Before a business invests in anything they will have a reason for doing so…effectively they will have identified a payback.
Sometimes this payback can be clearly quantified. For example investing in new equipment could mean saving so much in production costs each month, meaning the new equipment pays for itself in a given period.
Alternatively the payback is less quantifiable, but should be visible. For example improving work conditions, improves staff moral, which increases production for the same cost.
In either case the business is able to see, over time, whether the investment has been successful or not and possibly look at increasing or decreasing investment.
Why, then, should a business be asked to invest in a website and their web presence without having identified a payback. How many web providers approach is:
“We are experts at providing awesome websites…they are flashy like this…”
To which a business will more often than not respond, “So”, hang up and push the thought of the web to the back of the list. By doing this the web provider has not just lost a potential client, but possibly meant the business will delay or never look at how an investment (or reinvestment) in the web, could give a bigger, quicker payback than any other investment.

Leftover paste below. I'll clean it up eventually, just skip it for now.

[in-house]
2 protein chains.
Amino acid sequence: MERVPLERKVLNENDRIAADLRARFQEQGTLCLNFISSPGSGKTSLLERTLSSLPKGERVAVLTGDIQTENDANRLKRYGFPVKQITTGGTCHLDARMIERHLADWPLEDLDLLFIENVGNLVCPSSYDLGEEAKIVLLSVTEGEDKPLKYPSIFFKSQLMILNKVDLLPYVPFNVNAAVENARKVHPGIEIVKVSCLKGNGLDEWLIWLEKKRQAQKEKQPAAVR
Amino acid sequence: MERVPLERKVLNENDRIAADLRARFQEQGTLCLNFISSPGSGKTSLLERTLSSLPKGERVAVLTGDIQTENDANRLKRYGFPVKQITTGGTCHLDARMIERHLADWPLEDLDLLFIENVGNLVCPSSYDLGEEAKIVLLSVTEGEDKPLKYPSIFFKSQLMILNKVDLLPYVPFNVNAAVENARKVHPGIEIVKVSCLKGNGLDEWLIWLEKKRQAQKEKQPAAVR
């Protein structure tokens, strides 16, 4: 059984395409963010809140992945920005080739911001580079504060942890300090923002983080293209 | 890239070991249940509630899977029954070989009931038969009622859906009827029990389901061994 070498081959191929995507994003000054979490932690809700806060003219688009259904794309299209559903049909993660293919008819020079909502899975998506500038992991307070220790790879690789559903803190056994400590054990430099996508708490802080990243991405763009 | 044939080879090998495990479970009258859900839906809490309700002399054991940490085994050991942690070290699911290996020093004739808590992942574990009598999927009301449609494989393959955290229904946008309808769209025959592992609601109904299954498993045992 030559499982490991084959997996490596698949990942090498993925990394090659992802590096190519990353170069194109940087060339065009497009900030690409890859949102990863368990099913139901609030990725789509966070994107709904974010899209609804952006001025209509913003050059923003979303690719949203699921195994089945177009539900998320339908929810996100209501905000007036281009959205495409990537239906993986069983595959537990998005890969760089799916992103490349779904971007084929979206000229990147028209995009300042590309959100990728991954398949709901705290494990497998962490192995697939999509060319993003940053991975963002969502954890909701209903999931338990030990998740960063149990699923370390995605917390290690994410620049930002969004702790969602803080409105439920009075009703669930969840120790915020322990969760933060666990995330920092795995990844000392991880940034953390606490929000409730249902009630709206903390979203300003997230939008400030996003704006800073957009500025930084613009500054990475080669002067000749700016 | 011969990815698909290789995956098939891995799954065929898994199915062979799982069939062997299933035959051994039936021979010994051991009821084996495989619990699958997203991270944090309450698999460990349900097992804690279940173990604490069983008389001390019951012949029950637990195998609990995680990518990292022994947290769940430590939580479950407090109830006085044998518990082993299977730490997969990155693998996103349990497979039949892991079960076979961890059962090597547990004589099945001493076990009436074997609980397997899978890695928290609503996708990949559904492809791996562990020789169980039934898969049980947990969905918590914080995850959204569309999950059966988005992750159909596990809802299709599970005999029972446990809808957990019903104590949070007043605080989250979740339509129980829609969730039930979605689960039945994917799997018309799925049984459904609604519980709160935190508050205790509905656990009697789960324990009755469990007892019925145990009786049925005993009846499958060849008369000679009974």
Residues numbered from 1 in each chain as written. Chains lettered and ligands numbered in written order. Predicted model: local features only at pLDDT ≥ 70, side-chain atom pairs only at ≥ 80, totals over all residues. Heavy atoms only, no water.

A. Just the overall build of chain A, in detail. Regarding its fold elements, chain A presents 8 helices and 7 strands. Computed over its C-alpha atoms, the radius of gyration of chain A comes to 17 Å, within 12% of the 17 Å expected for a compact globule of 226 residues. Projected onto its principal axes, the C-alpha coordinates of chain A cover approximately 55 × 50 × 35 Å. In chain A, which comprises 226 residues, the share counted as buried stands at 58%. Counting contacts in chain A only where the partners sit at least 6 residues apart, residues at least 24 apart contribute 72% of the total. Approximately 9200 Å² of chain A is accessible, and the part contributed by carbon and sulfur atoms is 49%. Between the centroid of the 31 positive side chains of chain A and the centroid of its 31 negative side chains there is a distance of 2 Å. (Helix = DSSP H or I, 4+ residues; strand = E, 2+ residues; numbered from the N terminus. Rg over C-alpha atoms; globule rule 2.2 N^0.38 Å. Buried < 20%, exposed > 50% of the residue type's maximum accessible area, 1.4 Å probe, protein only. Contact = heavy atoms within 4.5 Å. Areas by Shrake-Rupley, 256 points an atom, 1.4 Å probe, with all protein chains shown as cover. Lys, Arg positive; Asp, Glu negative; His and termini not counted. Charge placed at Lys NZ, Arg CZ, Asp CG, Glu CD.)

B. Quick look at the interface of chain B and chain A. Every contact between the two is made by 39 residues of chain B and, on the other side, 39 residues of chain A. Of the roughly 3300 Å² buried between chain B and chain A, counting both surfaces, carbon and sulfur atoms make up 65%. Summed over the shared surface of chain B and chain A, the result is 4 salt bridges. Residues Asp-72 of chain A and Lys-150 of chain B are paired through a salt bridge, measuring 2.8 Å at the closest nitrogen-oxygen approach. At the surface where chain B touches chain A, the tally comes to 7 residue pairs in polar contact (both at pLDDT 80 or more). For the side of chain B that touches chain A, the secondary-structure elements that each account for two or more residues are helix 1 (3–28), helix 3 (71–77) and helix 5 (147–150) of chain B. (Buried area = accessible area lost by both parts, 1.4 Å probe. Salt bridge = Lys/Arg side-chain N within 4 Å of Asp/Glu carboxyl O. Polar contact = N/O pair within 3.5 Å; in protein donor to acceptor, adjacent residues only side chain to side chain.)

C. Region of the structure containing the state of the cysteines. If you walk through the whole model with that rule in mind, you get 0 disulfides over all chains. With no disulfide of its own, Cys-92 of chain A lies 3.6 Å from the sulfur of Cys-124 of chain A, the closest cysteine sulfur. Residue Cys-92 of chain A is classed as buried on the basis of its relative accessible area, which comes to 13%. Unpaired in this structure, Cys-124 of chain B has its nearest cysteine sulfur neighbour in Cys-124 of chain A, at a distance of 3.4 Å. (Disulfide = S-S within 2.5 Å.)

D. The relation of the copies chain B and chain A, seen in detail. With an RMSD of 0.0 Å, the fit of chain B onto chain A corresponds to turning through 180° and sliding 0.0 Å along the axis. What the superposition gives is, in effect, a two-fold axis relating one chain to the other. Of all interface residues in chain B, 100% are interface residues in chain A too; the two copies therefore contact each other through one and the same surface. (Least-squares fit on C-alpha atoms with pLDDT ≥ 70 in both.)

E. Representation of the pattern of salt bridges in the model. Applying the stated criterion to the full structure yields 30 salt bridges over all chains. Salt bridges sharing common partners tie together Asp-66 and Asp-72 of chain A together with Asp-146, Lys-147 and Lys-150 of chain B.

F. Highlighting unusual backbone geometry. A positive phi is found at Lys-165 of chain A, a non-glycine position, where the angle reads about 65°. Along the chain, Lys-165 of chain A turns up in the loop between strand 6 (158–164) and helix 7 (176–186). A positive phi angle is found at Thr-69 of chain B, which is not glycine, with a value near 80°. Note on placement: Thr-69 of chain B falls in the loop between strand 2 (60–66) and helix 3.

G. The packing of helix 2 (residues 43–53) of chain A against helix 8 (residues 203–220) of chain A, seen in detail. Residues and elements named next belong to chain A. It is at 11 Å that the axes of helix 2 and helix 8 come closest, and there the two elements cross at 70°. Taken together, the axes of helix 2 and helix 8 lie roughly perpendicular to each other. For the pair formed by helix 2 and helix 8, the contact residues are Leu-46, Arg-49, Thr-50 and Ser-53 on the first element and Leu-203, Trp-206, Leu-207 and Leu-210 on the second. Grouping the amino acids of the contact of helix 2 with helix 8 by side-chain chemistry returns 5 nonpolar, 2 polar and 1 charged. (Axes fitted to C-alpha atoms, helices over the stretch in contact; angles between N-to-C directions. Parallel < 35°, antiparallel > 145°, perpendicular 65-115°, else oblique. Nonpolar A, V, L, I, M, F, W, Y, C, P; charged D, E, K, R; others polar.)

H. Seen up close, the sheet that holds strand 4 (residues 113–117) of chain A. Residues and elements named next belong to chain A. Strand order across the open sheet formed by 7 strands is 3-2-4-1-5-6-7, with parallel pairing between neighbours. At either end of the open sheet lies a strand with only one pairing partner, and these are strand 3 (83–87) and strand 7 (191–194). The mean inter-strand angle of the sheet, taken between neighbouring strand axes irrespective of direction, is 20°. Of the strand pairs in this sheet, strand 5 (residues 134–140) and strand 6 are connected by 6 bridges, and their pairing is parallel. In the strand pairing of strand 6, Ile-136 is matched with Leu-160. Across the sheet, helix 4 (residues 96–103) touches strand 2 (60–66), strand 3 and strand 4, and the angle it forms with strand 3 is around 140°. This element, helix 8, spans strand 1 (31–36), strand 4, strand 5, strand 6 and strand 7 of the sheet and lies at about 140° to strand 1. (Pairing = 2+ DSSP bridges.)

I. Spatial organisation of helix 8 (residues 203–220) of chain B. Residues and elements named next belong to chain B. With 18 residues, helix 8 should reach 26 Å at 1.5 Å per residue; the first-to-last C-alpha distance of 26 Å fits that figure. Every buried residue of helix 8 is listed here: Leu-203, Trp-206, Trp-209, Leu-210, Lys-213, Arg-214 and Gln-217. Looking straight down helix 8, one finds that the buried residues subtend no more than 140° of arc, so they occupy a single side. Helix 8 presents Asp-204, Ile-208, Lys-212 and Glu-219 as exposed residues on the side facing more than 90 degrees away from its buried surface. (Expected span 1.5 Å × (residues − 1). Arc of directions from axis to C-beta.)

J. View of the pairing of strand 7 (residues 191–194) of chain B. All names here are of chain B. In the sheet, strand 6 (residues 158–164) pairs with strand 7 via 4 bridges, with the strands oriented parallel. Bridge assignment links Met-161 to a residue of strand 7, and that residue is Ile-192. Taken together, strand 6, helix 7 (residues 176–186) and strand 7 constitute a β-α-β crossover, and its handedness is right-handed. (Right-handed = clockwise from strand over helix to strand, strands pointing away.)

When looking at their base needs of reducing cost or increasing revenue, the web is rarely on the list of possible solutions that a business looks at. In some cases it should be the first. This is because few businesses, suppliers or users, have actually identified the paybacks that can be achieved using the web.
So, the starting point for looking at the web should be identifying paybacks. Businesses looking to improve their business should include the web in the solutions they look at. Additionally web-providers should be able to understand their (prospective) clients’ businesses enough to propose how the web can help meet these business needs.
In some cases the goal payback can be clearly quantified. A one off, annual and/or monthly investment in the web can lead to:
• Increased product/service sales
• Lower cost of sales/marketing
• Reduction in admin. costs
This could be achieved through increased national or global presence or more focused sourcing of enquiries. If the payback is not identified at the start, the web may not be used in the correct way, as opposed to giving quick payback.
So what does this mean for a business? Are they more likely to invest if told they can have a “really awesome website…” or:
• You will have 10 more enquiries for conservatories each month
• Your existing clients will buy 50% more of your portfolio
• You will sell 4 more cars each month
• You will reduce rekeying (and related errors) 400%
• You will have 30 more covers in your restaurant each month
• You will create a trading environment for £1m deals
• You will be able to take booking 24/7 without increasing staff
• Your sales team will always have 100% of your huge portfolio to hand
The figures are obviously subjective, but this shows how investing in and working with the web is an important business decision, based, like other business decisions on payback.